“Your dad can come home for Christmas Day but he cannot do so unless the ramp is on the house.” Those words from my mom and the staff at St. Joseph’s Hospital in Elmira, NY greeted me ten days before Christmas and about five seconds after I heard those words … the panic set in!
Let me back up just a little bit. My dad had been involved in an accident in early November of that year that had left him paralyzed from his chest down. As you might imagine, that news was quite an adjustment for my family and especially my mom and dad. My dad was in his late 50’s at the time and was in fairly good health. The damage to his spine in the accident was irreversible and there was no hope that he would ever walk again.
Dad had endured about a nine-hour surgery on his back and had been a couple of weeks in the hospital recovering from that surgery. Once he recovered, it was time for him to start his rehab. The rehab was going to be long. The hospital estimated that it would be a minimum of three months as my dad had to relearn how to do most everything from a wheelchair. During this time, my parent’s house had to be “remodeled” in order to accommodate a handicapped person in a wheelchair.
Now, back to those words that I opened my article with! My dad, who was always one of the most determined people I ever met, did very well in rehab. He learned quickly and because of his physical strength was able to attack most of the tasks and master them quickly. Part of the rehab was to make day trips to the patient’s home, eventually leading to overnight stays and then they would be released to out-patient therapy. We were not expecting these day trips to take place until the new year but then, they sprung that announcement on us that dad had done so well in rehab that he could come home for a few hours on Christmas Day, but we had to have a ramp.
We had contacted a company about putting the ramp on the house, but they were not going to be there until February. There is no way we were going to disappoint my dad and my mom and we were determined to get my dad home on Christmas Day. My brother is the builder in the family, however, I have some design ability and we got the required specifications from the hospital. My brother and I set out to design a ramp. The hospital approved the design and we went to the hardware store to buy the materials we need.
We both took a couple of days off work and on December 21st, we began building the ramp. Now, keep in mind this is in December and we lived in upstate New York! We had a foot or two of snow in the yard and a lot of frozen ground to dig through. It has been nearly 30 years, but I can still remember my brother and I lying in the snow and trying to dig out the post holes for the ramp supports! We were freezing, yet laughing, and happy to be doing it for our dad.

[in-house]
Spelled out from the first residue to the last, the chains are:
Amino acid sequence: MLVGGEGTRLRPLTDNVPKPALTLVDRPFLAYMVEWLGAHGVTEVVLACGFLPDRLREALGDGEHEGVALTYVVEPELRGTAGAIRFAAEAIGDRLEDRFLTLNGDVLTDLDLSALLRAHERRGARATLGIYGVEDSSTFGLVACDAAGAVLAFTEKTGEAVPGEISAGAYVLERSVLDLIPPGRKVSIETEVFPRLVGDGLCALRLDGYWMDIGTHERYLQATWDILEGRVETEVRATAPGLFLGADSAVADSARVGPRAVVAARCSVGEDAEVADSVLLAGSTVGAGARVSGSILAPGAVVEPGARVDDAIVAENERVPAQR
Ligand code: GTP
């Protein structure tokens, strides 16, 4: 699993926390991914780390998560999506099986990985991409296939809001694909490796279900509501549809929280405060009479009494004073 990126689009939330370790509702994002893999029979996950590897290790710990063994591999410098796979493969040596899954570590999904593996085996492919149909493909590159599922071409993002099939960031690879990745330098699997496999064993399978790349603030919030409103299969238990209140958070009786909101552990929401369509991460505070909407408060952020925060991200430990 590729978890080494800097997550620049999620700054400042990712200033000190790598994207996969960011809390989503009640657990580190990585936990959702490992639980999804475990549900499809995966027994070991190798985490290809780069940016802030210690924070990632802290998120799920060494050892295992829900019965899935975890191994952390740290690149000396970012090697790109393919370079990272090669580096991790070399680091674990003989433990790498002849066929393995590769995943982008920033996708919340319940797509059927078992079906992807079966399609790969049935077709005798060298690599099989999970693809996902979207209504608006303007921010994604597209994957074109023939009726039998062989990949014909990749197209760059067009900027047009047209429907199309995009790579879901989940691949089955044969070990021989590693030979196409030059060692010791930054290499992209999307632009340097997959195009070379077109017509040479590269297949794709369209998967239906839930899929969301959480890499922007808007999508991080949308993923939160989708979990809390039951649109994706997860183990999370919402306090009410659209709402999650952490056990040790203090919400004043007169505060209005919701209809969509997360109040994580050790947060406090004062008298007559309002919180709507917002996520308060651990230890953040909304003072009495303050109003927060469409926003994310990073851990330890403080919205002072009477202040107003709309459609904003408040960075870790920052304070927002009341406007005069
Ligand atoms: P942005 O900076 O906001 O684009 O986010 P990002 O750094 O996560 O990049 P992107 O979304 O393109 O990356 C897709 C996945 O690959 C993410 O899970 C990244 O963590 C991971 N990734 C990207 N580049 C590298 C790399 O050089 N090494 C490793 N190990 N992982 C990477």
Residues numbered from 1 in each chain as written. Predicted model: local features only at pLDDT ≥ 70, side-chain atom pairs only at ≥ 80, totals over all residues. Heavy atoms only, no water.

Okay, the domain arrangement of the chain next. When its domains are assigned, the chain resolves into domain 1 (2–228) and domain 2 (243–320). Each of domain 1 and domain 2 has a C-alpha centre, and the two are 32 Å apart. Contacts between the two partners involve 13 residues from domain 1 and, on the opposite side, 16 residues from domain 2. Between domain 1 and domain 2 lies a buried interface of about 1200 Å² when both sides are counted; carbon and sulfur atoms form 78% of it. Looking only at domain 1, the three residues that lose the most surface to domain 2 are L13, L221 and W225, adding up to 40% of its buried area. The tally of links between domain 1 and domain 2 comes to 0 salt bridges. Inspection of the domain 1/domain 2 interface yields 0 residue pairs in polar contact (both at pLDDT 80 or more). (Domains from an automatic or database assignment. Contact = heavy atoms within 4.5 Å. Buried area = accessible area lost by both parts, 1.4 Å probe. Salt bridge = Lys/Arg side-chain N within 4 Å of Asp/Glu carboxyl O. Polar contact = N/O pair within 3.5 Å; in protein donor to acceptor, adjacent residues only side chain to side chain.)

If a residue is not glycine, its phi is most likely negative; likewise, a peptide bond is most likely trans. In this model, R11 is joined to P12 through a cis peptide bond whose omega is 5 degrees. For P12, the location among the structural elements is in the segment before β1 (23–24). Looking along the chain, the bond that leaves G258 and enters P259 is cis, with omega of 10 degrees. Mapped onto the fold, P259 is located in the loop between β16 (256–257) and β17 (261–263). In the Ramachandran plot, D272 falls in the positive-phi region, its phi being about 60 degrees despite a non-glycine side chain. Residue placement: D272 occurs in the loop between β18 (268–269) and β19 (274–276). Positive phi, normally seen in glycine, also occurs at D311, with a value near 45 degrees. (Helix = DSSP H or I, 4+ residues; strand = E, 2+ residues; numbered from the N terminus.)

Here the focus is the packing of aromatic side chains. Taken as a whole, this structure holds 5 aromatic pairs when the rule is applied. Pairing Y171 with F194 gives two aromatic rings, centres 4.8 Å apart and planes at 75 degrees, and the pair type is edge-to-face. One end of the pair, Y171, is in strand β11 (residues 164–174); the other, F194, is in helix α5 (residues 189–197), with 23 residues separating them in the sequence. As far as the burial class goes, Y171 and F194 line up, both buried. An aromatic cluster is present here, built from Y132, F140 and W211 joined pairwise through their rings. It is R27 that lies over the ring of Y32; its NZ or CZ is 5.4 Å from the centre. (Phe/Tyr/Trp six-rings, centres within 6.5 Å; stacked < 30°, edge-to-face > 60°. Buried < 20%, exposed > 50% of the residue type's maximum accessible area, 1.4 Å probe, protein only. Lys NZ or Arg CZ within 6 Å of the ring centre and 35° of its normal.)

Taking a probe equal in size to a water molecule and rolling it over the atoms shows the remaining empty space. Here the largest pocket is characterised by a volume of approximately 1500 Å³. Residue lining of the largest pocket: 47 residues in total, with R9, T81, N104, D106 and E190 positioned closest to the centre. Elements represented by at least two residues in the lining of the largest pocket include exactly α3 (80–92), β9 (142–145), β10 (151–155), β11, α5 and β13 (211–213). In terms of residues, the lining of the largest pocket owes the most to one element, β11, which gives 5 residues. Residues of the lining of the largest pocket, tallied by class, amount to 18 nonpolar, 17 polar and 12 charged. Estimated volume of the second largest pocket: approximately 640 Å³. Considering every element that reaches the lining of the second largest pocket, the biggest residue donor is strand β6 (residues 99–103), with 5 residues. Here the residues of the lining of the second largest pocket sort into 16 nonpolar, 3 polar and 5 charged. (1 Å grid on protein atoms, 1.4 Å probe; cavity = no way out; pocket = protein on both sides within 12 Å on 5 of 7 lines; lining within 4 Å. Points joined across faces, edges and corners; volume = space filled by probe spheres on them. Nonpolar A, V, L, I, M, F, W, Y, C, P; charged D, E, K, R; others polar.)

Two days later, with some additional help from some brothers-in-laws, church members and family friends, we put the finishing touches on the ramp. On December 23rd, the inspector from the hospital came and gave their approval and on Christmas Morning, my mom and I went to the hospital and picked up my dad and brought him home for the first time in nearly two months. We all watched in amazement as dad rolled his wheelchair up the ramp, on to the porch and then, of course, in to the house!
That ramp served my dad for the remainder of his life. I will never forget that Christmas season. The sadness of my dad after the accident in knowing that he would never walk again. The incredible faith he exhibited as he tackled the rehab assignment with amazing determination and my mom’s faith that everything would be okay. I remember my brother and I knowing we were tackling a nearly impossible task of building a ramp in two days in the middle of the winter yet knowing we were going to be successful.
That Christmas Day was amazing. Most of my family was there. We exchanged gifts. We had a nice meal. We exchanged a lot of memories, tears and most of all, we remembered why were celebrating. None of that strength or faith came from us. It came from our Savior, Jesus Christ. The very one whose birth we were celebrating that day. He died for our sins and even in the face of what most people would consider a tragedy, He was faithful.
Did we want God to heal our dad, so he would walk again? Did we believe God could do that? Of course, we did, and I would imagine that every member of my family and numerous friends prayed that prayer at one time or another. However, God’s ways are not our ways (Isaiah 55:8-9) and He knows best. There is no doubt that God was still blessing each of us in very unique ways that Christmas Season and especially that Christmas Day when my dad came home for Christmas.